Absolute Contraindications

  • Patient refusal
  • Coagulopathy ‘Blood does not clot normally’

Insertion of an epidural needle or catheter into the epidural space may cause traumatic bleeding into the epidural space with development of a large haematoma leading to spinal cord compression. 

  • Therapeutic anticoagulation

As above 

  • Skin infection at injection site

Insertion of the epidural needle through an area of infected skin may introduce pathogenic bacteria into the epidural space, leading to serious complications such as meningitis or epidural abscess. 

  • Raised intracranial pressure

Accidental dural puncture in a patient with raised ICP may lead to brainstem herniation (coning). 

  • Hypovolaemia ‘low blood voume’

The sympathetic blockade produced by epidurals, in combination with low blood volume may cause profound circulatory collapse.

 

Relative Contrindications

  • UnCooperative patients

It may be impossible to position correctly or unable to remain still enough to safely insert an epidural. 

  • Pre-existing neurological disorders

Such as multiple sclerosis, may be a contraindication, because any new neurological symptoms may be ascribed to the epidural. 

  • Fixed cardiac output states

Probably relative rather than absolute. This includes aortic stenosis, hypertrophic obstructive cardiomyopathy (HOCM), mitral stenosis and complete heart block. Patients with these cardiovascular abnormalities are unable to increase their cardiac output in response to the peripheral vasodilatation caused by epidural blockade, and may develop profound circulatory collapse which is very difficult to treat.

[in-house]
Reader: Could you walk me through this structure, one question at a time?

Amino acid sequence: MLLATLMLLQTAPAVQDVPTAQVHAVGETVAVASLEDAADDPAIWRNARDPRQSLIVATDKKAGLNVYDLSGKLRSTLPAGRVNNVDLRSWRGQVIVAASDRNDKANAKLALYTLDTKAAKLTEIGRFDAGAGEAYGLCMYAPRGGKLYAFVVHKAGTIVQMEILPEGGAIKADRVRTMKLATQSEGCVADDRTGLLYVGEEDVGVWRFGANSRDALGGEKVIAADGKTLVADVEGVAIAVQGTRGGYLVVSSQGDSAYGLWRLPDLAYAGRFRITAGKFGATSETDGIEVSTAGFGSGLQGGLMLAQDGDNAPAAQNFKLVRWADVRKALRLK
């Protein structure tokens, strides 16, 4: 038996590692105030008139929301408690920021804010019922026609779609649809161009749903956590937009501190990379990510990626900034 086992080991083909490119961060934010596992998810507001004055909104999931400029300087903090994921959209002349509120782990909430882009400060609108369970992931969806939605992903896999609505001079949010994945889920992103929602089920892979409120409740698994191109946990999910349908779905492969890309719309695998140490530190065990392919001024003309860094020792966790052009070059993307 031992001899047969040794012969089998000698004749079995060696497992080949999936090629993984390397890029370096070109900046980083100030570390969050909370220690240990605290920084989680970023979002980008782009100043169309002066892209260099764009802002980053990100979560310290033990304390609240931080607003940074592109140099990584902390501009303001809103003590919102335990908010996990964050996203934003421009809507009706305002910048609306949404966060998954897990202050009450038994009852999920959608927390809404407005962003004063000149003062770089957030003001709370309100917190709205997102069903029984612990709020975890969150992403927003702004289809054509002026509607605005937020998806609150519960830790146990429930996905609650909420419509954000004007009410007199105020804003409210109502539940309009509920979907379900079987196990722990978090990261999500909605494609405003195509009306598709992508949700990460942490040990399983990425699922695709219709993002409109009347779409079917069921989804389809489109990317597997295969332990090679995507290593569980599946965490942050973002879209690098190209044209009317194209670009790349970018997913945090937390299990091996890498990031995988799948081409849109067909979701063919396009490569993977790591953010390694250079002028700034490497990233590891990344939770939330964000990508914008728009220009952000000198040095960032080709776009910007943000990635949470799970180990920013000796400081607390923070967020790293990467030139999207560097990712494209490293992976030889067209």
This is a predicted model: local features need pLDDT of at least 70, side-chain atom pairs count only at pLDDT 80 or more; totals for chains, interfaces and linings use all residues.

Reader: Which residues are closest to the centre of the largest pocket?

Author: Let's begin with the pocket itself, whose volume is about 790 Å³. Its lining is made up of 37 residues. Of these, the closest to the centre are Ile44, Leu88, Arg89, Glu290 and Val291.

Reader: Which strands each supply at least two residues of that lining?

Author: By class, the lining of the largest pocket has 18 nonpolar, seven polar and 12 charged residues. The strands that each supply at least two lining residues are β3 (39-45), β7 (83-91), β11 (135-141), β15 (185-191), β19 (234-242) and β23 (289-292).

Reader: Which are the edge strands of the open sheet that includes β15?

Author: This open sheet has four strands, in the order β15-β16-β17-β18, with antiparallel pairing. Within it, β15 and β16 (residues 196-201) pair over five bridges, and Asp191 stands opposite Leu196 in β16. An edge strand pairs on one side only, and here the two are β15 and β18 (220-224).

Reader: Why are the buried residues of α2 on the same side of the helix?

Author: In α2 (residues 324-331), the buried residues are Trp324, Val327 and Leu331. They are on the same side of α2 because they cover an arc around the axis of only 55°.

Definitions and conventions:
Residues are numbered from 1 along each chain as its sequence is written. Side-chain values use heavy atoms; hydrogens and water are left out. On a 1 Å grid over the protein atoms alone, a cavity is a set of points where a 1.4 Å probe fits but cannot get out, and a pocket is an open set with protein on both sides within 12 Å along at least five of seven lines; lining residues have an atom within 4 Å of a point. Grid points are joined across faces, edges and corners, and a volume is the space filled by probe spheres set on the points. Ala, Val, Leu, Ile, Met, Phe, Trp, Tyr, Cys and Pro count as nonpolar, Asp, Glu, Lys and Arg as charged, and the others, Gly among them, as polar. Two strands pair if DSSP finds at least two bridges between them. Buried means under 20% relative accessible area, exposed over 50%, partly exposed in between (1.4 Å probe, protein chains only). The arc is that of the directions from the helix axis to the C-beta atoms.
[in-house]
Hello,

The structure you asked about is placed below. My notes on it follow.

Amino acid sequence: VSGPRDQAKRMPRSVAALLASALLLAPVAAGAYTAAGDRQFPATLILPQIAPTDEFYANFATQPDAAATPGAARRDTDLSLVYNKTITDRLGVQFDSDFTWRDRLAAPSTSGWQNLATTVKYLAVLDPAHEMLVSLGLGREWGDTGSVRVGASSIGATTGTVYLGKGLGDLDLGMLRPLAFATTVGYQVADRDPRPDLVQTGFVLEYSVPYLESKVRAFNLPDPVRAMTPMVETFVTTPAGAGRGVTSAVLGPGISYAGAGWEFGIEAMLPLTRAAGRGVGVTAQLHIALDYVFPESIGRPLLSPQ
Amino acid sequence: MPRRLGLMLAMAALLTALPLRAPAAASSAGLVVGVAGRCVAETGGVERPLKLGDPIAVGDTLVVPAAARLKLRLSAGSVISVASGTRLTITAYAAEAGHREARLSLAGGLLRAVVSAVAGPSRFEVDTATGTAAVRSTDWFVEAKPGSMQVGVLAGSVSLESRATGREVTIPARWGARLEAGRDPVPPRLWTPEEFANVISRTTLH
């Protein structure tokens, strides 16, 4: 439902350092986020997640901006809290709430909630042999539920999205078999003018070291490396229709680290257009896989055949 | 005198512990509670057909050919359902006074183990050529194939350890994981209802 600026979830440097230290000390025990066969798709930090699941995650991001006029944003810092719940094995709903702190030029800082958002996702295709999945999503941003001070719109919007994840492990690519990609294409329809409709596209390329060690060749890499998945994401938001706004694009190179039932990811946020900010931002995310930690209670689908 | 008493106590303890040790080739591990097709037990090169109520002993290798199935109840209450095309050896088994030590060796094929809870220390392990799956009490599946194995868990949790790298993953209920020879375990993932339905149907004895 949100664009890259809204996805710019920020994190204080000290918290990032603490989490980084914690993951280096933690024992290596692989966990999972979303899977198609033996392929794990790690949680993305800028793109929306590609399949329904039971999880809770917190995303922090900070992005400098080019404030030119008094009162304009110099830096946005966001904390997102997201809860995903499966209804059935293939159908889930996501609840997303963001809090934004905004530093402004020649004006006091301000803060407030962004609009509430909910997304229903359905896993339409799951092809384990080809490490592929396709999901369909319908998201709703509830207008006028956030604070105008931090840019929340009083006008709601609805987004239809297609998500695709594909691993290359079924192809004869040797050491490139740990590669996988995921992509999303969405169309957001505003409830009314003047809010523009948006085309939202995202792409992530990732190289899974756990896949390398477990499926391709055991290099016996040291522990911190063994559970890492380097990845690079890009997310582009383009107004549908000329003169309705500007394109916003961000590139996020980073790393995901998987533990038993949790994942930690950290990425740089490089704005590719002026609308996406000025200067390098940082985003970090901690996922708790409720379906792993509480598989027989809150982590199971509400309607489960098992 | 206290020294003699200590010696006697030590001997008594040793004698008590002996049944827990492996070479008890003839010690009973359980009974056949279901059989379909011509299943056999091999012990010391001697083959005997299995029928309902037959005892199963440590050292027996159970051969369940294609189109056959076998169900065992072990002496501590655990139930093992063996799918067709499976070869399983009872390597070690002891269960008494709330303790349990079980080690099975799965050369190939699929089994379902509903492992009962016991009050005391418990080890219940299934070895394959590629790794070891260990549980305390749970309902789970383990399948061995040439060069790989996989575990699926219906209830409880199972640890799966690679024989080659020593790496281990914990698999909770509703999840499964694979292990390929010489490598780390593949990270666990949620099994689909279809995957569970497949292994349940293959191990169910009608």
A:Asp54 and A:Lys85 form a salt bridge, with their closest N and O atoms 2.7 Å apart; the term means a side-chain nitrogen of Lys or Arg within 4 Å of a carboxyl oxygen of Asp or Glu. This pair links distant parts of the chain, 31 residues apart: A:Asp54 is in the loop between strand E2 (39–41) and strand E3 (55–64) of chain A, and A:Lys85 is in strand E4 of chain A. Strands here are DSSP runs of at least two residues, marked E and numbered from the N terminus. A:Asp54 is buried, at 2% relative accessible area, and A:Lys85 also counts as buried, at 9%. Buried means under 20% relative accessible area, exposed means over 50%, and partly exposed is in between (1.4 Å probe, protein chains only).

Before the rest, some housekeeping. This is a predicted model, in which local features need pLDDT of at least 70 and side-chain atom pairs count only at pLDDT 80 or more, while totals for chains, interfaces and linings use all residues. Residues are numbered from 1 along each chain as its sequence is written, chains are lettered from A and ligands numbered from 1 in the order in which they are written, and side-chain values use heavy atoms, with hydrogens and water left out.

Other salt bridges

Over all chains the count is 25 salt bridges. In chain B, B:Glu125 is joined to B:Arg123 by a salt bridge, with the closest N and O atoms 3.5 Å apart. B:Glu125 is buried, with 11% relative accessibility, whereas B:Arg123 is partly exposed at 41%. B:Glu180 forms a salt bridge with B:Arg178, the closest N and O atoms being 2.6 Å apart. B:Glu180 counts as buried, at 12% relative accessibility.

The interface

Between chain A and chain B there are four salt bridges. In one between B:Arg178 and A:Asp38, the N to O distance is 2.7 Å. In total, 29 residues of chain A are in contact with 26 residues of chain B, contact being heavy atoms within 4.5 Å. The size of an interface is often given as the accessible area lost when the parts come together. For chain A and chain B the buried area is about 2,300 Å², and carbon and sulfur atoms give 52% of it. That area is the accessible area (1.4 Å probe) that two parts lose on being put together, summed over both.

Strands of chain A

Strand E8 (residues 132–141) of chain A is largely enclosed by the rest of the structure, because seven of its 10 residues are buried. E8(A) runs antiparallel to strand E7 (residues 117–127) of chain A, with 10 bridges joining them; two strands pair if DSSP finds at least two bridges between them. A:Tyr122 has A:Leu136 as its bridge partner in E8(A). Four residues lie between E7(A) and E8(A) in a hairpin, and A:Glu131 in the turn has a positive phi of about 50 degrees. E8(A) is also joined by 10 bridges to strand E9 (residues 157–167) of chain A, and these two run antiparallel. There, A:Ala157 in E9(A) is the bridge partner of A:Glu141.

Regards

• Anatomical abnormalities of vertebral column

‘Spines’may make the placement of an epidural technically impossible. 

  • Prophylactic low dose heparin

 

Epidurals and anticoagulants

  • Full oral anticoagulation with warfarin or standard heparin (SH) are absolute contraindications to epidural blockade. 
  • Partial anticoagulation with low molecular weight heparin (LMWH) or low dose warfarin (INR <1.5) are relative contraindications. 
  • Minihep (low dose standard heparin (SH), 5,000units bd s/c is not associated with an increased risk of epidural haematoma. Wait for 4 hours after a dose before performing epidural. Minihep/SH should not be given until 1 hour following epidural injection. These guidelines also apply for removal of epidural catheters. 
  • LMWH (<40mg enoxaparin and dalteparin): allow 12hr interval between LMWH administration and epidural; this also applies to removal of epidural catheters. 
  • NSAID's (including aspirin) do not increase the risk of epidural haematoma. 
  • Intraoperative anticoagulation using 5000units i/v heparin following epidural/spinal injection appears safe, but careful postoperative observations are recommended. Bloody tap or blood in epidural catheter is controversial. Some teams delay surgery for 12hr, others (if pre-op coagulation normal) delay i/v bolus of heparin for 1hour. 
  • Fibrinolytic and thrombolytic drugs: avoid epidural block for 24 hrs, check clotting prior to insertion. 
  • Thrombocytopaenia: epidurals are relatively contraindicated below platelet count of 100,000/mm3. 
  • An epidural haematoma should be suspected in patients who complain of severe back pain a few hours/days following any central neuraxial block or with any prolonged or abnormal neurological deficit (including. sensory loss, paraesthesiae, muscle weakness and disturbance of bladder control and anal sphincter tone). A high index of suspicion is required, with early orthopaedic or neurosurgical referral for decompression of the haematoma. Even with early recognition, the morbidity of this condition is still very high. 
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